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Itanium slips further into trouble

With each delay and feature reduction, Itanium's future looks bleaker and bleaker. Faith in the future may not be good enough

Eschatology is rarely listed as a key competency on the CVs of the IT elite. The study of the end times, it has a sorry history that's been repeated again and again. Various sects and religions confidently predict The End Of The World and a bright new beginning: come the appointed hour and all that happens is that by no magic at all fervent believers are turned into silly puddings.

The pudding hour draws ever closer for Itanium's disciples. For the first time since the seismic upsets of 2004, when Intel indulged in very public Maoist self-criticism over its inability to deliver, there is blood on the fab floor as projects are cancelled or delayed. Some changes make sense: Whitefield was a four-core Xeon due in 2007: nothing wrong with that, but it's been replaced in the same timeframe by Tigerton — another four-core Xeon but with extra features aimed squarely at Opteron. Intel has been slow in the past to react to competition, so evidence to the contrary is welcome.

But it's hard to see Itanium's roadmap alternations in such a good light. For years now, the coming of Montecito has been held out as the resurrection of the brand. Running at more than 2GHz with a super-fast bus and advanced power management, this dual-core scamp would put Itanium right back on top of the heap when it came out in force at the beginning of next year.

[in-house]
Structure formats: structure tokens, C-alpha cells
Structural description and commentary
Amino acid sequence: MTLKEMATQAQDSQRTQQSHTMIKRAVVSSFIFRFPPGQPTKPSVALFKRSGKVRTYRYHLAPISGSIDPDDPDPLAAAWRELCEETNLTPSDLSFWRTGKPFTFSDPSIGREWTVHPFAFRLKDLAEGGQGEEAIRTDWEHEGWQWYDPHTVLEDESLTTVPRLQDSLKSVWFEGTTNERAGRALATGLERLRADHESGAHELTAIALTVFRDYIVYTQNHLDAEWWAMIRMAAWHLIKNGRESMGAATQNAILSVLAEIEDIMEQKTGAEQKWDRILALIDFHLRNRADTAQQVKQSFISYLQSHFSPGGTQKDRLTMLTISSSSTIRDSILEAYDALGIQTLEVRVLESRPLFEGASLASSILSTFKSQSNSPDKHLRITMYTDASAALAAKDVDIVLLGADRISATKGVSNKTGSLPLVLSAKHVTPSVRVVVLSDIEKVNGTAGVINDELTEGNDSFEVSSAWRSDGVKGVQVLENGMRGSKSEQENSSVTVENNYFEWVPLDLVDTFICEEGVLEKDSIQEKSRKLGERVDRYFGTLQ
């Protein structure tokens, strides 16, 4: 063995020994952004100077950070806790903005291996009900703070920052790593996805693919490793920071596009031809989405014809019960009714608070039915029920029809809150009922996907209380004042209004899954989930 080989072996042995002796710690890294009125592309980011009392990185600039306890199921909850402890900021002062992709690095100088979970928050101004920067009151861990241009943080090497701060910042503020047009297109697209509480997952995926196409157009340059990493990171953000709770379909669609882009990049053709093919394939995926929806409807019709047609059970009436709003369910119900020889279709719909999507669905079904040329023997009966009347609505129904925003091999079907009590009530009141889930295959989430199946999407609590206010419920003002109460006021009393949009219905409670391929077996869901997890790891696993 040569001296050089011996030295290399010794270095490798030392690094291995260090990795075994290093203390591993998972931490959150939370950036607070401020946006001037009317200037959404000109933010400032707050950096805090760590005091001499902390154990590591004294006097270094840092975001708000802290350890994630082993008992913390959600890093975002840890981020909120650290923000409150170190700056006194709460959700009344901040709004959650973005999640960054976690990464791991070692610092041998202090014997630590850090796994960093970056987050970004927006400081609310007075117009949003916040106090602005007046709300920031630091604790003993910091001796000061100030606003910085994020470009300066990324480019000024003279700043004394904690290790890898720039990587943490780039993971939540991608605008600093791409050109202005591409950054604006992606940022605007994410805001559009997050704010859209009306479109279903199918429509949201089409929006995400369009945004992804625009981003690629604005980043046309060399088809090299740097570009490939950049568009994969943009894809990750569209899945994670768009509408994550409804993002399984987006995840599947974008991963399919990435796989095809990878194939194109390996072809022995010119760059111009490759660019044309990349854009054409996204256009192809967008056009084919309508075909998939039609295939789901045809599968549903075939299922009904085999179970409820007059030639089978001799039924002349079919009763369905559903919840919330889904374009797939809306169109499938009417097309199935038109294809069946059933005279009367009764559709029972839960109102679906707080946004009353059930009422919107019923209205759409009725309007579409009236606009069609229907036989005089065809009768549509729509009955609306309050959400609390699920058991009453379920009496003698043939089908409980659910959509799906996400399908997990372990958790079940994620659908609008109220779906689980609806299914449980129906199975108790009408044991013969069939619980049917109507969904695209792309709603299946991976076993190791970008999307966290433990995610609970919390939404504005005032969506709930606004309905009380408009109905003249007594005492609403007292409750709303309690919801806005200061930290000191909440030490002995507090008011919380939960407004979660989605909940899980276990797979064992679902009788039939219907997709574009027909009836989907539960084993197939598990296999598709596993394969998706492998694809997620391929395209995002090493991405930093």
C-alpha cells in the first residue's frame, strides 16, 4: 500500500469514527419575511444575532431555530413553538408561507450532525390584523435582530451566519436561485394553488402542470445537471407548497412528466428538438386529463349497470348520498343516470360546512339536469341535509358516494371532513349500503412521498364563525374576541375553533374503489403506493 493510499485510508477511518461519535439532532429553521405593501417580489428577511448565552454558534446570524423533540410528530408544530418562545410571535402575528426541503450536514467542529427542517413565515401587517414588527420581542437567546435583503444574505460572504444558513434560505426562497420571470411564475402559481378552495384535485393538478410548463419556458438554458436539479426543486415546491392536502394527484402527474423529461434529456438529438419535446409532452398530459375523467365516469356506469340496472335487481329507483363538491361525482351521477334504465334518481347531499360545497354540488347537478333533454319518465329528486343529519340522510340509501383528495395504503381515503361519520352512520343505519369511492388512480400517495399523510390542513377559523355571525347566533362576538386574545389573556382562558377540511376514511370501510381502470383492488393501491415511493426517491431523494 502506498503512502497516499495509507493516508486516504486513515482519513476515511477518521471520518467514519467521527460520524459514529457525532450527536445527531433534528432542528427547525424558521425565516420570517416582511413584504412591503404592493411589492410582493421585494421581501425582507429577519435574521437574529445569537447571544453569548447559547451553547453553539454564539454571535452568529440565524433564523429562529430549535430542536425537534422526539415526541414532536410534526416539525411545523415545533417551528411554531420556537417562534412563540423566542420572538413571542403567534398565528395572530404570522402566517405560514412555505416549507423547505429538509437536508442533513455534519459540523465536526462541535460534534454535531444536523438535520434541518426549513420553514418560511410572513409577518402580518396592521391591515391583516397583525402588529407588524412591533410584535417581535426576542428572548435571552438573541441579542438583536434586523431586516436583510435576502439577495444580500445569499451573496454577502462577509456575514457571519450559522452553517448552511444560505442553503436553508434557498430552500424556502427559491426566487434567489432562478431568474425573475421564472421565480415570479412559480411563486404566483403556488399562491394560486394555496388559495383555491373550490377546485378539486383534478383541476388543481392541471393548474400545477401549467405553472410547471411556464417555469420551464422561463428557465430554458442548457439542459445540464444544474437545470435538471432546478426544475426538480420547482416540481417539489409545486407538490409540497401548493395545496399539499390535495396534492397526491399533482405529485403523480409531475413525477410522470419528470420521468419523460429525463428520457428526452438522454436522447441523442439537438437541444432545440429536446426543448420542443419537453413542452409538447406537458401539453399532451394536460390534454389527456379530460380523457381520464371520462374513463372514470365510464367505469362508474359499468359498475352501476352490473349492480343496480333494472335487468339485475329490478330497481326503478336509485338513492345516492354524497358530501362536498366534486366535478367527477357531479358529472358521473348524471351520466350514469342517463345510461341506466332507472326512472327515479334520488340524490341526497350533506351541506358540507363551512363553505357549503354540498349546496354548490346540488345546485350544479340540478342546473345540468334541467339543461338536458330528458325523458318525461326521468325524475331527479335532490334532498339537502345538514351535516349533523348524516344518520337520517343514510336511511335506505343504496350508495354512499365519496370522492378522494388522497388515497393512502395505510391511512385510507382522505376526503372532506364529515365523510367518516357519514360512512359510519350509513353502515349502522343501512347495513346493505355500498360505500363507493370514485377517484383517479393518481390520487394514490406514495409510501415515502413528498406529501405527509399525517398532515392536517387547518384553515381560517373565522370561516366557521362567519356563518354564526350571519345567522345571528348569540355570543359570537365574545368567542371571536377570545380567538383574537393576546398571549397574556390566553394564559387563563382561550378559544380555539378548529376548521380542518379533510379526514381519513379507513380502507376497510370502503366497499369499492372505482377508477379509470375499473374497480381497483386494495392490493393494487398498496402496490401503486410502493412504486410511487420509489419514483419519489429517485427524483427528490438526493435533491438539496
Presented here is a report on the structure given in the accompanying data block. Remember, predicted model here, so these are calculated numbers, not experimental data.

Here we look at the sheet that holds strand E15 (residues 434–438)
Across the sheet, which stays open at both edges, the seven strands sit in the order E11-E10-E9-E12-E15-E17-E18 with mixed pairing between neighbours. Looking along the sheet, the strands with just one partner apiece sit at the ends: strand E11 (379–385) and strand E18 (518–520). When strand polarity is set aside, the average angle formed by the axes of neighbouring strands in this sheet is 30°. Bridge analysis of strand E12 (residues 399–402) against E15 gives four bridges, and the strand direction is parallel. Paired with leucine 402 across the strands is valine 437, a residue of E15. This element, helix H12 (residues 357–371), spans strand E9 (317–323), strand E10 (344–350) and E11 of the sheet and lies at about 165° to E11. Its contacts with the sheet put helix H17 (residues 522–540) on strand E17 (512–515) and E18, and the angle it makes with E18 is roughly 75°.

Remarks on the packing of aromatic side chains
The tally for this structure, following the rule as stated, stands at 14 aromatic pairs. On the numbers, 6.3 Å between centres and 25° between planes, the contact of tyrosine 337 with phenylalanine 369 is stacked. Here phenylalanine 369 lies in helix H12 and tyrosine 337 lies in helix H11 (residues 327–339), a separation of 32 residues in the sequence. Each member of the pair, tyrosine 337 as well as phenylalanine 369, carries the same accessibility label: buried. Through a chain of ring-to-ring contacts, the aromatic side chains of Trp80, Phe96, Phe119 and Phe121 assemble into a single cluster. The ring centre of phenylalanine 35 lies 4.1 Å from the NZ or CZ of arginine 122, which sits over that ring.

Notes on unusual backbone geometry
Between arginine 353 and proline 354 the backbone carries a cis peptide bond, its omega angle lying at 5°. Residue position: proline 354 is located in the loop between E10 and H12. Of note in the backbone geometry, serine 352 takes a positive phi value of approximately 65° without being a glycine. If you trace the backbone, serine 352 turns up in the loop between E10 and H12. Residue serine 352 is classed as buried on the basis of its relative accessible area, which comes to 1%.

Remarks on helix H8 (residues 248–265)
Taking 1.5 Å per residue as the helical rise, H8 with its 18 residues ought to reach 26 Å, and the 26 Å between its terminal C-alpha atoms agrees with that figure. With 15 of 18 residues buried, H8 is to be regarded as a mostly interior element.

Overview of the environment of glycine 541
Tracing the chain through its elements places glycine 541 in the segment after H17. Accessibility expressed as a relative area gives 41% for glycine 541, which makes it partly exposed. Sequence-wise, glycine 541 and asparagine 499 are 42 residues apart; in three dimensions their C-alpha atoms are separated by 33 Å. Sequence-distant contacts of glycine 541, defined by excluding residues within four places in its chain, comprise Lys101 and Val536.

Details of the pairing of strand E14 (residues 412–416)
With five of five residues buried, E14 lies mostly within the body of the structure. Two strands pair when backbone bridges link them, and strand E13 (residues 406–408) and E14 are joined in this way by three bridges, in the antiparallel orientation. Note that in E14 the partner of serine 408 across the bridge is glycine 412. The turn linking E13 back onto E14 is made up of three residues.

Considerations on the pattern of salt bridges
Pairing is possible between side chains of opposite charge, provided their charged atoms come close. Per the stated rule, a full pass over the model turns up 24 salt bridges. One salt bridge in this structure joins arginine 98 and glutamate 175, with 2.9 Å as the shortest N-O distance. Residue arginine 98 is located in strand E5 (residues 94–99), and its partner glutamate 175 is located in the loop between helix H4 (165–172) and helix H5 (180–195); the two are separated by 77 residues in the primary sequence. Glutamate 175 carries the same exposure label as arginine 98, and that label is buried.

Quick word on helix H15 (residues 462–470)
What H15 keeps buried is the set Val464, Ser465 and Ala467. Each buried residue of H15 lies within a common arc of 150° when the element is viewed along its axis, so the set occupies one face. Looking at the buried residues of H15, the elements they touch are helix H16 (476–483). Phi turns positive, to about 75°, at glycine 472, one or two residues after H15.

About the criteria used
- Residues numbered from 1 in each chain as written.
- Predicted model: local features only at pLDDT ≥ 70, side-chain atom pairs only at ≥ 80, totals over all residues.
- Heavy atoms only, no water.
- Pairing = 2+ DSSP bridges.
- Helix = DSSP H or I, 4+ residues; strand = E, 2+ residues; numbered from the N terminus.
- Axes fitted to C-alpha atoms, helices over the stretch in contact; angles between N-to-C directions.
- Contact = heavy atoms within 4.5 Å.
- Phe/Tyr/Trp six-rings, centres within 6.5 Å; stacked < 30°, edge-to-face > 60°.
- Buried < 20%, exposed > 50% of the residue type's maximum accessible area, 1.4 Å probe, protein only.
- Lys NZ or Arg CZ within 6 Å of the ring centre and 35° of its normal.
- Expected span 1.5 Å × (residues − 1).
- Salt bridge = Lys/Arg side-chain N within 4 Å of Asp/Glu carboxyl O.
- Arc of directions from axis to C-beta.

That's not what's happening. The new power management stuff doesn't work which means the high clock speeds have had to be abandoned, and it'll stick with the old bus. Even with these hopes abandoned, the chip's still being pushed back to the second half of 2006. All those fine features will turn up, we're promised, just even later.

But later may be too late. The knock-on effect on Montvale (2007) and Tukwila (2008) puts the competition in an even better light; 2007 will see IBM's Power6 processor, which is rumoured to have all manner of interesting features such as x86 compatibility and mainframe-like failure resilience. Neither is in production, but with each Intel delay IBM's strategy looks more and more attractive. You can feel the buzz building over Power6: the only things buzzing around Itanium are bluebottles.

Intel may stick to its guns in predicting a bright new beginning for Itanium, but to the rest of us the end times look dark indeed.